Exiled Iraqi Archbishop to West: ‘Live Your Faith’

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Chris Sheridan
An image from a photo exhibit on Syria shows Father Ibrahim leading a happy group of young children at St. Francis parish in Aleppo.
The words to the 1988 Bobby McFerrin novelty ditty could sound trite coming from someone else. But coming from Amel Nona, the exiled archbishop of the Chaldean Archdiocese of Mosul, Iraq, that simple advice provided a powerful witness to the strength of his Catholic faith and to the faith of the Christians who remain in the strife-torn Holy Land.

Speaking at the seventh New York Encounter Jan. 17 at the Metropolitan Pavilion in Manhattan, Archbishop Nona had just finished describing conditions in his homeland, where he said merely going to Easter Mass was a supreme act of faith and courage. He was then asked what Christians in the West could do in a world rife with implacable hatred, violence and mindless terrorism.

“Live your faith,” Archbishop Nona told the packed auditorium during a panel discussion in which he was joined by Father Pier Battista Pizzaballa, the Franciscan custos of the Holy Land.

The discussion was moderated by Marta Zaknoun, a freelance journalist from Toronto who was born and raised in Jerusalem.

“You have over here everything to live your faith in a very easy way,” continued Archbishop Nona, who was appointed bishop of St. Thomas Chaldean eparchy of Australia and New Zealand last March.

“You can go to church every Sunday without fear. You can live in your house without fear. So I think it’s very easy to live your Christian life and faith here. And be happy, because there’s no reason to be not happy. “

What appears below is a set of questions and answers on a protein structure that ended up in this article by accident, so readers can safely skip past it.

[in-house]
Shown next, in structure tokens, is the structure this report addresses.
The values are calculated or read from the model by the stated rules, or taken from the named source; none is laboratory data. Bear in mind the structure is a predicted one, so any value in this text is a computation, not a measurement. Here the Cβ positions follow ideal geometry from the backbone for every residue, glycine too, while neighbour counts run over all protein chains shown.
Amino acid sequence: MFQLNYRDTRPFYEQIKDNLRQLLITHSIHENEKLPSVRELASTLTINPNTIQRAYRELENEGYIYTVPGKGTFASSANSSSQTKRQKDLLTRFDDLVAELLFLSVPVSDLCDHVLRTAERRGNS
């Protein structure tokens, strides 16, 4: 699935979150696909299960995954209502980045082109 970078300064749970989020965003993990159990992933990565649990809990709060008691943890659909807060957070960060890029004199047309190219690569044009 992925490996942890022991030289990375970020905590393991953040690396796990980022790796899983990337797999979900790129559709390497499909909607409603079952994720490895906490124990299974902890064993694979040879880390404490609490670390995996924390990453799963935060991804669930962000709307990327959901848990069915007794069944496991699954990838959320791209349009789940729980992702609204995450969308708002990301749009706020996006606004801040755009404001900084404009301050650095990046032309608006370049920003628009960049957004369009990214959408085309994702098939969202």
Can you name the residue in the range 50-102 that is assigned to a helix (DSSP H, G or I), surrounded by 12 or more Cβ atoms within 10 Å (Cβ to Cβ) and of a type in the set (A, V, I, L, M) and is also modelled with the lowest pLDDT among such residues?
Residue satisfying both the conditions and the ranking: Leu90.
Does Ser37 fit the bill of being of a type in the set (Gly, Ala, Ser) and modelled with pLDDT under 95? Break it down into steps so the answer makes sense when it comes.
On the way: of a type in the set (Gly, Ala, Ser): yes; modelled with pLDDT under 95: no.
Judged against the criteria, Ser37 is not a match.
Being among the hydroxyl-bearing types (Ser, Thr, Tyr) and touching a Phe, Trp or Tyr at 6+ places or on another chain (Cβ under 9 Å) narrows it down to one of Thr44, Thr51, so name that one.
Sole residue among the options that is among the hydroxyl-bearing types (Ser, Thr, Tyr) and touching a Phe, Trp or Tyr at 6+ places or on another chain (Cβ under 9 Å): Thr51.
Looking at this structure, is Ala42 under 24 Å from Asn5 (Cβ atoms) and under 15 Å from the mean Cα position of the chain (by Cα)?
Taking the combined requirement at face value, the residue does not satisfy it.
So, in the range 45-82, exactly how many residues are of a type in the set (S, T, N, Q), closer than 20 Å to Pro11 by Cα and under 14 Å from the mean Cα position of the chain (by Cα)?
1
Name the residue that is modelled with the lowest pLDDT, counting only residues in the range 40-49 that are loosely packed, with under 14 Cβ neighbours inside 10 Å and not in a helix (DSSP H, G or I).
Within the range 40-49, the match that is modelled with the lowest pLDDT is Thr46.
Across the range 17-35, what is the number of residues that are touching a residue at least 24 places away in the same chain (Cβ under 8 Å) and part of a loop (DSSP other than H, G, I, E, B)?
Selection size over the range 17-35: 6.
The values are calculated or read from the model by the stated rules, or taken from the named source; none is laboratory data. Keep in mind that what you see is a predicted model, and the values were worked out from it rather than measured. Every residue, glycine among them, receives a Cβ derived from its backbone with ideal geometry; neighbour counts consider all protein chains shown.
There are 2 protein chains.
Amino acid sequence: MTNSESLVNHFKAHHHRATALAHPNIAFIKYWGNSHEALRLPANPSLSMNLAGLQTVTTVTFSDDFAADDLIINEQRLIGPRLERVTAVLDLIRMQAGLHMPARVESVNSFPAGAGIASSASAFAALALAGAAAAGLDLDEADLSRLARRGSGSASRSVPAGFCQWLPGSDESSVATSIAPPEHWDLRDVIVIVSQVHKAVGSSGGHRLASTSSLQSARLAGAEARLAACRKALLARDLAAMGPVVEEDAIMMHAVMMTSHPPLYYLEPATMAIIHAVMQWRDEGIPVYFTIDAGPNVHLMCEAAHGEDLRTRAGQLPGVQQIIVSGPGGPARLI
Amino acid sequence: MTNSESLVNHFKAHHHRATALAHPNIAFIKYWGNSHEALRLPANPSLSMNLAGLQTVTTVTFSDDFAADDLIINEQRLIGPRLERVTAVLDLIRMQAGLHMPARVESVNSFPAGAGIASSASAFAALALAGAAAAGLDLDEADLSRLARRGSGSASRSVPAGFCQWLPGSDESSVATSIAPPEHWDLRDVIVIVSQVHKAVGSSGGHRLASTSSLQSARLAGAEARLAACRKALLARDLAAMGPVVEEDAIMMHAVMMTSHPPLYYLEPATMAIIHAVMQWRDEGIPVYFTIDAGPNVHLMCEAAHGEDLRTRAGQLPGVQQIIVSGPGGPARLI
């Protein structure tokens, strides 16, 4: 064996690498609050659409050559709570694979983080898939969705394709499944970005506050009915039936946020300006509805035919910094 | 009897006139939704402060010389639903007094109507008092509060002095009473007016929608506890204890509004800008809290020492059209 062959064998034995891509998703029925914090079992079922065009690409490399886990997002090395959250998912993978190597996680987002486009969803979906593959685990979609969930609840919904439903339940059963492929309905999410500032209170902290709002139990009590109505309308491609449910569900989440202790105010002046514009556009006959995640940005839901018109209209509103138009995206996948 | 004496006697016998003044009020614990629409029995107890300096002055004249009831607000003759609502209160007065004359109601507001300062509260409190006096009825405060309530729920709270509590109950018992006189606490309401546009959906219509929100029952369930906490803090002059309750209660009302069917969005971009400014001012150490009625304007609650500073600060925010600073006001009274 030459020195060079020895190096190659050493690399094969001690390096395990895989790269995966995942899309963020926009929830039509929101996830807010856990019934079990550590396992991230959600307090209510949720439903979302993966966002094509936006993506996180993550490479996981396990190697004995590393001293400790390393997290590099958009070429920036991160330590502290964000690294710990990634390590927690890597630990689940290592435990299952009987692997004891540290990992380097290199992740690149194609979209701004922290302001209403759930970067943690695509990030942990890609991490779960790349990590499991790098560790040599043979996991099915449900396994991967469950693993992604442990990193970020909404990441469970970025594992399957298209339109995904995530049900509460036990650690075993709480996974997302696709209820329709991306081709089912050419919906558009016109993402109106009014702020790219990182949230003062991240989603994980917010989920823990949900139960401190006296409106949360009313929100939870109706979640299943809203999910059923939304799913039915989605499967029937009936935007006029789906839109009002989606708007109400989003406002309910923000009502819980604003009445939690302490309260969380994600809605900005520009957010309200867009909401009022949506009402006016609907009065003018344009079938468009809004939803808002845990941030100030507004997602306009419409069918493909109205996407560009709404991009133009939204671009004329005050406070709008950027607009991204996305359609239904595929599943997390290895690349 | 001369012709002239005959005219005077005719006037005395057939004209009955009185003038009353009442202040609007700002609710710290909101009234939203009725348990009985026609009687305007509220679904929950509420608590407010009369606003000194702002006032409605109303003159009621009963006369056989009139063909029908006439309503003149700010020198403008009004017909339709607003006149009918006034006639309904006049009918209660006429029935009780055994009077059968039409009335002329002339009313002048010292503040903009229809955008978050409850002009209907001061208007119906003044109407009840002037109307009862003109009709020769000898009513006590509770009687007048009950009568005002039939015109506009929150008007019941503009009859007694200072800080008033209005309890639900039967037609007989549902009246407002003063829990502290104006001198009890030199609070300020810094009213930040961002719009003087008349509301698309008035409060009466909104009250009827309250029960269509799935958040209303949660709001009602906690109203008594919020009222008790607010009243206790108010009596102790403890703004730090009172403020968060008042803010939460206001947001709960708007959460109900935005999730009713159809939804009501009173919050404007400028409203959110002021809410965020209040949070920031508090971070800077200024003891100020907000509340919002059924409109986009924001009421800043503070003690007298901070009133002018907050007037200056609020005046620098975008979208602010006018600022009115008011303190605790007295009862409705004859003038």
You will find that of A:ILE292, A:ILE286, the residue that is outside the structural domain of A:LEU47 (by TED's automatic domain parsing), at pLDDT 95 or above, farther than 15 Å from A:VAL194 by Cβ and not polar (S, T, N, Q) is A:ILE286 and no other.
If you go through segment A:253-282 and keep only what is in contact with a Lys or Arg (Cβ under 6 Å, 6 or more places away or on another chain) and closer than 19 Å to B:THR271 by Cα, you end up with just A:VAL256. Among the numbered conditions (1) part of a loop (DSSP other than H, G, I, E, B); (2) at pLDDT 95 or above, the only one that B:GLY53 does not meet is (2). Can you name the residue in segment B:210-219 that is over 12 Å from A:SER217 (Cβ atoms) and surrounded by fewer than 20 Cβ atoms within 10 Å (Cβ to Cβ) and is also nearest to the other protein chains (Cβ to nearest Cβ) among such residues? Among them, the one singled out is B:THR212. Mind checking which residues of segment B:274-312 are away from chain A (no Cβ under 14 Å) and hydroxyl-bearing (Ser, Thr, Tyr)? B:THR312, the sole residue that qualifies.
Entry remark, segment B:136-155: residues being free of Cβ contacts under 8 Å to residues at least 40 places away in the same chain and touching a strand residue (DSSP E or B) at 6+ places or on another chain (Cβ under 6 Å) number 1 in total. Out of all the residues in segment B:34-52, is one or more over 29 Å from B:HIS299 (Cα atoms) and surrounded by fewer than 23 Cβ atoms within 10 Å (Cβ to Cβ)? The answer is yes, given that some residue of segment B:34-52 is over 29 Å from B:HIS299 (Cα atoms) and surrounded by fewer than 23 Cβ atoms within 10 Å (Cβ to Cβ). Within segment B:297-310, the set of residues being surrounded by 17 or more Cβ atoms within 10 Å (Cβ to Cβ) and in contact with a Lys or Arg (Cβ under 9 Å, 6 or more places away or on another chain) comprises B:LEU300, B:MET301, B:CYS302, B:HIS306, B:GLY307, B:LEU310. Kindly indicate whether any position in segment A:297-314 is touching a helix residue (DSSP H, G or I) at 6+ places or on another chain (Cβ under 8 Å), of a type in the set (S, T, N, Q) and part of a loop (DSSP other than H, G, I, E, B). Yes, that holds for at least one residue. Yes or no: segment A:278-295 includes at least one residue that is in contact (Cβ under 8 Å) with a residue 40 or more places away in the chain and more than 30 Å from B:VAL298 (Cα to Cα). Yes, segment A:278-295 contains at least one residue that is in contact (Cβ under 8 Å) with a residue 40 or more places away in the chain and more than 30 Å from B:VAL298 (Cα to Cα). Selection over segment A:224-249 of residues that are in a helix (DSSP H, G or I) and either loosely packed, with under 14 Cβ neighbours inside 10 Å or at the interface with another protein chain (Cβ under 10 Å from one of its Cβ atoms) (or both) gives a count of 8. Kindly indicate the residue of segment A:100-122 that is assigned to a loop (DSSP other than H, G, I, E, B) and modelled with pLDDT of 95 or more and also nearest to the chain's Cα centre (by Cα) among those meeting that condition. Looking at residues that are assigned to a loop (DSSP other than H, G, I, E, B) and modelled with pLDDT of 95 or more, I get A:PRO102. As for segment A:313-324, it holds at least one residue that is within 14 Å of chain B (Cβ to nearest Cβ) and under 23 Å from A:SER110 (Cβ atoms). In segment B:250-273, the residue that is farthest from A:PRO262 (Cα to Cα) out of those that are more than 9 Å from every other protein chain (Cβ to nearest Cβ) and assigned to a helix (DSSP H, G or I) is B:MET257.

While he acknowledged that people in the West do encounter difficulties in their daily lives, he said to be consumed by worry and anger is to discount the gifts we have already received in such abundance. “Always we are in difficulties, but it is very important that we are free to live our faith,” he said.

For the besieged citizens of Mosul attending Sunday Mass was a supreme act of courage. He said many went to Mass not knowing if they would return home. “But, every Sunday, the Church was full of Christians and they were happy! I think the most important thing you can do here in the Western world is to be happy in your life. You have all reasons to be happy. But the most important reason is you have the Christian faith and I think there is nothing else to say.”

Organizers of New York Encounter told CNY some 7,500 people attended over the weekend. New York Encounter is a three-day cultural event that includes public discussions, exhibits and live performances.

The event was founded in 2010 by Communion and Liberation, a Catholic lay ecclesial movement, to give “witness to a new, flourishing life generated by faith. It is open to people of all belief, traditions and cultures. Some 300 volunteers planned, organized and worked at the event. This year the theme of New York Encounter was “Longing for the Sea and Yet Not Afraid.”

As to the future of the beleaguered Christian community in the Holy Land and across the Middle East, both Archbishop Nona and Father Pizzaballa were optimistic about the longer term, if only because of the faith, courage and resilience of Christians there.

“In front of all this evil, these provocations, the answer can be a positive answer that only faith can give,” Father Pizzaballa said. “From the human point of view, you just see desolation, destruction, the end of the world. Faith is able to see something more, beyond what we see. Prophet Isaiah talked about how Jerusalem was a wonderful city full of peace and joy, but what was in front of his eyes was desolation. Jerusalem was destroyed; it was not a beautiful city. He was able to see something different because his eyes were full of hope and faith. So in front of all this evil you have to remain human and human means to remain Christian.

“For us, the Christian faith is the fullness of our humanity. I saw a lot of evil, destruction, hatred. But I see also wonderful examples of life, of people that are ready to give their life but not to abandon their people, their faith, their Jesus. They are able to give. And this says to me that I don’t know how the Middle East will be, I have no idea. No one knows. But there is a future and we will be part of this future. The Christian community will remain and will be the light that will continue to enlighten the Middle East in the Holy Land.”